The wrinkle at this stage is that some sectors, such as car manufacturers, still prefer to use virgin steel. One concern is that impurities like copper can build up and make recycled “Many observers think steel more mediocre quality, reducing its potential uses. “At the moment, we can make construction concrete production is grade steel from recycling, but not automotive steel, meaning it would require governments to introduce some form of the carbon levy on steel product into make it economically competitive. “Until you think there is going to be a significant and sustained carbon price, the commercial driver is just to produce iron and steel in the way you already produce it,” says Fennell.
Concrete suffers from many of the same problems, starting with the basic chemistry involved in its production: CO2 emissions are inherent in making its component parts. Take cement, the “glue” that holds the concrete together. To make it, you first grind and heat limestone in rotating kilns. The ensuing process of calcination decomposes the limestone’s calcium carbonate into calcium oxide, releasing CO2. The next stage requires yet more energy to heat calcium oxide with other materials to make a substance called clinker. Add this to the soft mineral gypsum, and you get cement.
Many observers think the sector is almost impossible to clean up. Allwood puts it bluntly: “There are no options to decarbonize cement.” But that hasn’t stopped people from trying.
One option is to use a different kind of cement. Almost all concrete is made using Portland cement, a 19th-century formula that works well. But there are plausible alternatives.
Grade,” says Allwood. Yet he adds that such impurities can be minimized by better sorting of materials before recycling them and by removing dirt from the molten steel.
The other option is to make raw steel using a greener process – and to that end, there is a push in some quarters to convert iron ore, not with coking coal but hydrogen. The idea is that the oxygen in the iron ore will combine with the hydrogen to produce water instead of CO2. SSAB, a steel-making company headquartered in Stockholm, Sweden,
is among those exploring this strategy,
which it has called HYBRIT.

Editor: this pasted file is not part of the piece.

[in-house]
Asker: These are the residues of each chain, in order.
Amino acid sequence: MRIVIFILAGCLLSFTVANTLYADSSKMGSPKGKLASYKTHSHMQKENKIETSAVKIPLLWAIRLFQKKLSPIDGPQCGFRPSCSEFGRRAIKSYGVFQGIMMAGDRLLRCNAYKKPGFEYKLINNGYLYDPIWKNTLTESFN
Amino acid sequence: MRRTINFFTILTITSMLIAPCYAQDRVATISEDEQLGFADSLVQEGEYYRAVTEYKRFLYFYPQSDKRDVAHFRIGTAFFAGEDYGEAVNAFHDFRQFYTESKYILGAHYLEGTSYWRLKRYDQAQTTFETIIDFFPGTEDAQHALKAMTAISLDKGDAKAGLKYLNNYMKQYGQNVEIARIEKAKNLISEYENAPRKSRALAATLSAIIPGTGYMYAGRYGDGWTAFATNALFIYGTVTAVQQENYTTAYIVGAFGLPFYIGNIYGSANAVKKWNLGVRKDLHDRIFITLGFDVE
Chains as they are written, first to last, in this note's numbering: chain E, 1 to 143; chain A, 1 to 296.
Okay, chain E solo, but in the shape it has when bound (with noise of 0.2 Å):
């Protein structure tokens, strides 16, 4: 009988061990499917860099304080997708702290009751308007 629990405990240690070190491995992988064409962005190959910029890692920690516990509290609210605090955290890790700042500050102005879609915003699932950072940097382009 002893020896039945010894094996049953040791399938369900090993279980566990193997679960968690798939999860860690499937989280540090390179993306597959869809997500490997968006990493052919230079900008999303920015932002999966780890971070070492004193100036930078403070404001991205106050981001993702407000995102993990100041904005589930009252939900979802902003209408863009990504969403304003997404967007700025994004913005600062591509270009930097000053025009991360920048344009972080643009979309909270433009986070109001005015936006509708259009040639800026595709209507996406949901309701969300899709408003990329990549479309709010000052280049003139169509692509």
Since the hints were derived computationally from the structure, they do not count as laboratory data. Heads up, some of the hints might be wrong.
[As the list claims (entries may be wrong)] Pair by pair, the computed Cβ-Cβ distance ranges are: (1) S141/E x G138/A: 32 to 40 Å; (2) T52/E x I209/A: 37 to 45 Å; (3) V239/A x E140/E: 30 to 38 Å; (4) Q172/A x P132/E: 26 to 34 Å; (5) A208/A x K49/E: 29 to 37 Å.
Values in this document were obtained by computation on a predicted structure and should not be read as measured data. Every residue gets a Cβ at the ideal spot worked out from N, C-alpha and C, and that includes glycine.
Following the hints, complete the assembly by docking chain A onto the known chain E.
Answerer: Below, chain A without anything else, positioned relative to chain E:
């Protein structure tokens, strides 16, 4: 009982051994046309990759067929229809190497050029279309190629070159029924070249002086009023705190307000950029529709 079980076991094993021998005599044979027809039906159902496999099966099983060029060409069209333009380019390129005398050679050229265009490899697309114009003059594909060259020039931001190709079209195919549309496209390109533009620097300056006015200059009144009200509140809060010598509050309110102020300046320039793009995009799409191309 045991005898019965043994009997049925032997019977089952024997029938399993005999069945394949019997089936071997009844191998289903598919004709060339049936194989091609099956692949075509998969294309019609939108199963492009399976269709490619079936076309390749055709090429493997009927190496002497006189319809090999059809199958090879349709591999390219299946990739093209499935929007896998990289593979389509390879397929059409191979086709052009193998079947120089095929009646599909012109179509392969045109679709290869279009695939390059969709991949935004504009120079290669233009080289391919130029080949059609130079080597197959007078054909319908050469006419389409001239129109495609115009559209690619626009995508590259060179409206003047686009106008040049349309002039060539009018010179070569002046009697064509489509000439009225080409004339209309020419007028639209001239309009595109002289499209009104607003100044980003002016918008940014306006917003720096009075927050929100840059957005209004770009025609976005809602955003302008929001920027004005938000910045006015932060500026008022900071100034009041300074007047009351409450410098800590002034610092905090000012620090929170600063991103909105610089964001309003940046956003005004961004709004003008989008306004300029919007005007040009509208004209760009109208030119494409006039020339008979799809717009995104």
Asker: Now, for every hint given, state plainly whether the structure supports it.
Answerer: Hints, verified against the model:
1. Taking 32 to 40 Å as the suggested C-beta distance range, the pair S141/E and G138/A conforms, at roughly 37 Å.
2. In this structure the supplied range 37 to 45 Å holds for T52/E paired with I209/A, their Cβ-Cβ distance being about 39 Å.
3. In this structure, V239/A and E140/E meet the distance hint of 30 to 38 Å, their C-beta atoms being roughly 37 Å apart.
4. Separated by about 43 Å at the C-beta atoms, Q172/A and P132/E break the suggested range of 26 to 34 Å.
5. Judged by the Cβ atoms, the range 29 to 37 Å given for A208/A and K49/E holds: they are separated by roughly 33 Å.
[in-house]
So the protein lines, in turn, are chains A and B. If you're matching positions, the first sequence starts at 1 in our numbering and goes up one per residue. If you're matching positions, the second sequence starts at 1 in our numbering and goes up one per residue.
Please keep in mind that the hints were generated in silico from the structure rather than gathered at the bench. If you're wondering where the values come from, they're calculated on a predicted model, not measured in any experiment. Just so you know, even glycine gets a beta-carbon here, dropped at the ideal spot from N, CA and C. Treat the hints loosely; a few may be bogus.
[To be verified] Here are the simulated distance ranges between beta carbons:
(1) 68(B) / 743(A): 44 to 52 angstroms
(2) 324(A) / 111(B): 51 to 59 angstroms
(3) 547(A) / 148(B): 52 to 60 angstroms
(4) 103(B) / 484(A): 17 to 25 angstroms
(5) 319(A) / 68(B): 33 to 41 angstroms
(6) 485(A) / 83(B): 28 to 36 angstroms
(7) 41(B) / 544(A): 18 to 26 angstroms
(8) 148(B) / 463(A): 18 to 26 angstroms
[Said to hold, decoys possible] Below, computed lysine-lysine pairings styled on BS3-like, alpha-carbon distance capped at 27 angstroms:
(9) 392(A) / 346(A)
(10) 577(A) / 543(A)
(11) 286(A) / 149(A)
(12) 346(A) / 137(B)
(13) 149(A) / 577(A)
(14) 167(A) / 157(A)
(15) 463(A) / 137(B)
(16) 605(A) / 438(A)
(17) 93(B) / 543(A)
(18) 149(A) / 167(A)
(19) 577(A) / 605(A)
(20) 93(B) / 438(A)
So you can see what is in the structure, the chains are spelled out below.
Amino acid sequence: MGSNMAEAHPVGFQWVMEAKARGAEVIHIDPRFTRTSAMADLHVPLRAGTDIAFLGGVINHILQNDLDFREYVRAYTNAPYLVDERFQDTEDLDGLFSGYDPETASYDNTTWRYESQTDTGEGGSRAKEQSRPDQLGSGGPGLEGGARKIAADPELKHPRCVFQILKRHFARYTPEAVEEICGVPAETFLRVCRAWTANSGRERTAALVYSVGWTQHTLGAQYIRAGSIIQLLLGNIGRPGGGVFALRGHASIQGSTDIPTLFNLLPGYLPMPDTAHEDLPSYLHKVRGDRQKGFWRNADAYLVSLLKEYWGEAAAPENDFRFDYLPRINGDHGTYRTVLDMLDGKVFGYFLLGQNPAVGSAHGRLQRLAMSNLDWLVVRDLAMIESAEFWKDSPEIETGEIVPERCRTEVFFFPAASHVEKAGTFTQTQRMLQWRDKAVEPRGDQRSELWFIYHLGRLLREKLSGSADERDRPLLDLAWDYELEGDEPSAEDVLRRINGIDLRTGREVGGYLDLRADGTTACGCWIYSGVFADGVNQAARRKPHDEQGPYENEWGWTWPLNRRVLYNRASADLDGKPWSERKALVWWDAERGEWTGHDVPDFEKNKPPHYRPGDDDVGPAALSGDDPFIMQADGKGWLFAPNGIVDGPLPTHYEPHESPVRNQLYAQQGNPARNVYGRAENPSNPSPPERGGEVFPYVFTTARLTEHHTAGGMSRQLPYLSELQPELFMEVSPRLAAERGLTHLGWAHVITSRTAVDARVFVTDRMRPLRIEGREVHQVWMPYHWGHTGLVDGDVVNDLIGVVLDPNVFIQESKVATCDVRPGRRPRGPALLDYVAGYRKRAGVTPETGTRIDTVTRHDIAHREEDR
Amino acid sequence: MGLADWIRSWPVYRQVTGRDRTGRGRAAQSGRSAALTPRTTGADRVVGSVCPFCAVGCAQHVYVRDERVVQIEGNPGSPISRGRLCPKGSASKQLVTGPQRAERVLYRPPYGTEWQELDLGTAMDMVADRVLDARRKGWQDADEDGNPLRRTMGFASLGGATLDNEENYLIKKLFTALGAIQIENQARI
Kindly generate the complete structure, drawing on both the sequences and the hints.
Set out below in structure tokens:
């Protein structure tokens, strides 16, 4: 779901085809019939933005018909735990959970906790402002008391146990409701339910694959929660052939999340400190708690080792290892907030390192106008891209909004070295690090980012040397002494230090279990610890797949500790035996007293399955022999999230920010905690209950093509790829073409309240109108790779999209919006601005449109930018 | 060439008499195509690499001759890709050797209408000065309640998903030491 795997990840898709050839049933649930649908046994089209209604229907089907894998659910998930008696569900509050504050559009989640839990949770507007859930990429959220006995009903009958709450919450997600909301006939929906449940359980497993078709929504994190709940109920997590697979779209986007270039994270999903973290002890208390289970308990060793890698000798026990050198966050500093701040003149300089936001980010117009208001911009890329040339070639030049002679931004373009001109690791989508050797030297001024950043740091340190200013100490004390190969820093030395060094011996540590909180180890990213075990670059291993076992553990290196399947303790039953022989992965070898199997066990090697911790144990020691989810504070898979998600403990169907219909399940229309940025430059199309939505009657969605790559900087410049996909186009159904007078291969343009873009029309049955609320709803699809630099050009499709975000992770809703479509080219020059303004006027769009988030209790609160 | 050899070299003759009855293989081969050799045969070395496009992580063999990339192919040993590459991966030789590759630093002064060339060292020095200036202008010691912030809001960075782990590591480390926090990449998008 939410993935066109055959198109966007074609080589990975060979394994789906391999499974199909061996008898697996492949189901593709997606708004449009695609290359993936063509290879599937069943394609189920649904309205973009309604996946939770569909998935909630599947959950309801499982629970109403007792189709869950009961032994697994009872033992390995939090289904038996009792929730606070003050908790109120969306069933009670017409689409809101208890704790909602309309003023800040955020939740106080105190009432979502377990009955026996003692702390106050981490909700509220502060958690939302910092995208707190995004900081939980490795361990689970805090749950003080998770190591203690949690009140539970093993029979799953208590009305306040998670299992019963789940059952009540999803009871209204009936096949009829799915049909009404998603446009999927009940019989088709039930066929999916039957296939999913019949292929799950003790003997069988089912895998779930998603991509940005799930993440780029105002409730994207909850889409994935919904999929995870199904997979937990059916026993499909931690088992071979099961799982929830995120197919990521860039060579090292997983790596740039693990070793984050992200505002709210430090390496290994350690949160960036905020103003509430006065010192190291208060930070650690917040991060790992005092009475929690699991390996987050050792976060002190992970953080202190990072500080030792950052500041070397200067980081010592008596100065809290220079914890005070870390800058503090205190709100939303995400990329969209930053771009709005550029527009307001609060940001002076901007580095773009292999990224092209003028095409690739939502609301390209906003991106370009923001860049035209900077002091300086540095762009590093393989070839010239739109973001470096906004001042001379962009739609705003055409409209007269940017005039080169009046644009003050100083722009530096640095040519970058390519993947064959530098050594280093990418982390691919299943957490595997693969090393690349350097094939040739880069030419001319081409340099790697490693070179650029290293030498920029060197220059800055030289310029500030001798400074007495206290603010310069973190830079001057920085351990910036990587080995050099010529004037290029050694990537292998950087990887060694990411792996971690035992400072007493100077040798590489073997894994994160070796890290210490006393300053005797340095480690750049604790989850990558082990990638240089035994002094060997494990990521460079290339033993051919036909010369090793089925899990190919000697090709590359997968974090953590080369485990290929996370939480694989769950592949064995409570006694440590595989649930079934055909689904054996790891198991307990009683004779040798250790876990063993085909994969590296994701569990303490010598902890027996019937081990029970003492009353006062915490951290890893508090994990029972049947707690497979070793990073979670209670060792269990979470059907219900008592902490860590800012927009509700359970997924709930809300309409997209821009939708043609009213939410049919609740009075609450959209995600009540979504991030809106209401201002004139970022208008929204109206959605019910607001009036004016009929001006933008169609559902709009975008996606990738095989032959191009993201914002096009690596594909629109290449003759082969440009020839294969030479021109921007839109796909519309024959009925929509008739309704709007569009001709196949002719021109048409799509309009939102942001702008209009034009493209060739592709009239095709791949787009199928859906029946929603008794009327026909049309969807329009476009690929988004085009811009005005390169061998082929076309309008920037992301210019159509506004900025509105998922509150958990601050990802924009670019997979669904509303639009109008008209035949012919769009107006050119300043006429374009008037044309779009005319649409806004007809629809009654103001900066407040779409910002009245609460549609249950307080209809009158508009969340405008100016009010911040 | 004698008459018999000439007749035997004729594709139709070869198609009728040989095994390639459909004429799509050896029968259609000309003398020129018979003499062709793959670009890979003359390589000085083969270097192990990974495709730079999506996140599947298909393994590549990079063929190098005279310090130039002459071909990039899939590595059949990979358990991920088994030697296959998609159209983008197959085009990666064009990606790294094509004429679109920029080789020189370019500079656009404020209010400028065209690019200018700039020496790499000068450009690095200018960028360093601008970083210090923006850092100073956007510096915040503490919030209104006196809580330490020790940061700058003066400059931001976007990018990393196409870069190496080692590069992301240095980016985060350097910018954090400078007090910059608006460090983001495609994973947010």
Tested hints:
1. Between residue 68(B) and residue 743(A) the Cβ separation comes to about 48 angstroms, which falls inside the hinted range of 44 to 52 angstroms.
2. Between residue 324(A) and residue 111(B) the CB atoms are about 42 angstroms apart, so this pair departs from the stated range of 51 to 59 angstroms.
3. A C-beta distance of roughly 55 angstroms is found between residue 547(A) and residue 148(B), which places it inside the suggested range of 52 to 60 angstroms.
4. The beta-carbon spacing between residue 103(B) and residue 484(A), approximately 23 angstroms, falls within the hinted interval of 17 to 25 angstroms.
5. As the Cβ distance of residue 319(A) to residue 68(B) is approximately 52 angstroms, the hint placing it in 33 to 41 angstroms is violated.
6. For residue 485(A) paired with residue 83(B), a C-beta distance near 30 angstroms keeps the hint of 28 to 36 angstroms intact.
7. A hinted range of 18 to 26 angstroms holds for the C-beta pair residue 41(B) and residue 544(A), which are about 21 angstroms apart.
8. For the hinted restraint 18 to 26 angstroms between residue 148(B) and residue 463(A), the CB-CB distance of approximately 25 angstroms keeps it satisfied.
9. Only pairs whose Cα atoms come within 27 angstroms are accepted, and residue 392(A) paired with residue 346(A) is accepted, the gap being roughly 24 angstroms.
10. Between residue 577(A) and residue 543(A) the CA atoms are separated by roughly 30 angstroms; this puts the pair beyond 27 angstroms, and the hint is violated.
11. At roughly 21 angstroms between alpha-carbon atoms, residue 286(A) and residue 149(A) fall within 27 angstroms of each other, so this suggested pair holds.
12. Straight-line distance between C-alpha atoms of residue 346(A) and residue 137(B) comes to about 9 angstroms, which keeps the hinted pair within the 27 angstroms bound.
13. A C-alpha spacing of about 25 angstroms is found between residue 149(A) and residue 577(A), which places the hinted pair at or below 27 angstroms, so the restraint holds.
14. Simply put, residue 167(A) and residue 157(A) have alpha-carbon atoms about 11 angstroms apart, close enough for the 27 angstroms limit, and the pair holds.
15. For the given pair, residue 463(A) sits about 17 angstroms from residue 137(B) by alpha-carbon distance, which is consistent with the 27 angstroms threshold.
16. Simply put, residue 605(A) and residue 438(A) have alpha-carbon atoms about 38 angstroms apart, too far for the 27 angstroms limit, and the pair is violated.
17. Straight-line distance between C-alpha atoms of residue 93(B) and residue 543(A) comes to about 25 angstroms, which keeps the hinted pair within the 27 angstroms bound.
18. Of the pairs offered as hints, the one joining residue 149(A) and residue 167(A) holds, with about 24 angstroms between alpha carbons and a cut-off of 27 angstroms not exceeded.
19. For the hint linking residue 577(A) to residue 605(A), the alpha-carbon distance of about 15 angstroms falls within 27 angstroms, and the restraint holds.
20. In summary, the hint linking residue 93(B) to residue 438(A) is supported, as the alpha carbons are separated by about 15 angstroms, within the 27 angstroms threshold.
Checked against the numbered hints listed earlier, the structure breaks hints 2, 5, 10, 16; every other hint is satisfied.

There is a caveat. For the moment, hydrogen is overwhelmingly made from fossil fuels, such as natural gas, and that means greenhouse gas emissions: the carbon footprint of global hydrogen production is on a par with the emissions of the UK and Indonesia combined. But it is possible to make hydrogen from water using an electrolyzer powered by electricity from renewable sources. If we one day have enough excess wind power, we could potentially produce all the hydrogen we need for large-scale clean steel production via electrolysis – that is, if the economics somehow worked out.
Promising. But part of the problem when it comes to decarbonizing steel is the state of the industry. Unlike oil and gas, which continue to yield extravagant profits for producers, steel makers outside China are struggling to stay afloat. As a result, they don’t have much leeway to cover the costs of new low-carbon technology. Nor have they enjoyed the support of governments in the same way as the renewable electricity sector, which has benefited from subsidies for over a decade.
SSAB says its hydrogen-produced steel could be 30 percent more expensive than standard steel, meaning it would require governments to introduce some form of the carbon levy on steel production to make it economically competitive. “Until you think there is going to be a significant and sustained carbon price, the commercial driver is just to produce iron and steel in the way you already produce it,” says Fennell.
Concrete suffers from many of the same problems, starting with the basic chemistry involved in its production: CO2 emissions are inherent in making its component parts. Take cement, the “glue” that holds the concrete together. To make it, you first grind and heat limestone in rotating kilns. The ensuing process of calcination decomposes the limestone’s calcium carbonate into calcium oxide, releasing CO2. The next stage requires yet more energy to heat calcium oxide with other materials to make a substance called clinker. Add this to the soft mineral gypsum, and you get cement.
Many observers think the sector is almost impossible to clean up. Allwood puts it bluntly: “There are no options to decarbonize cement.” But that hasn’t stopped people from trying.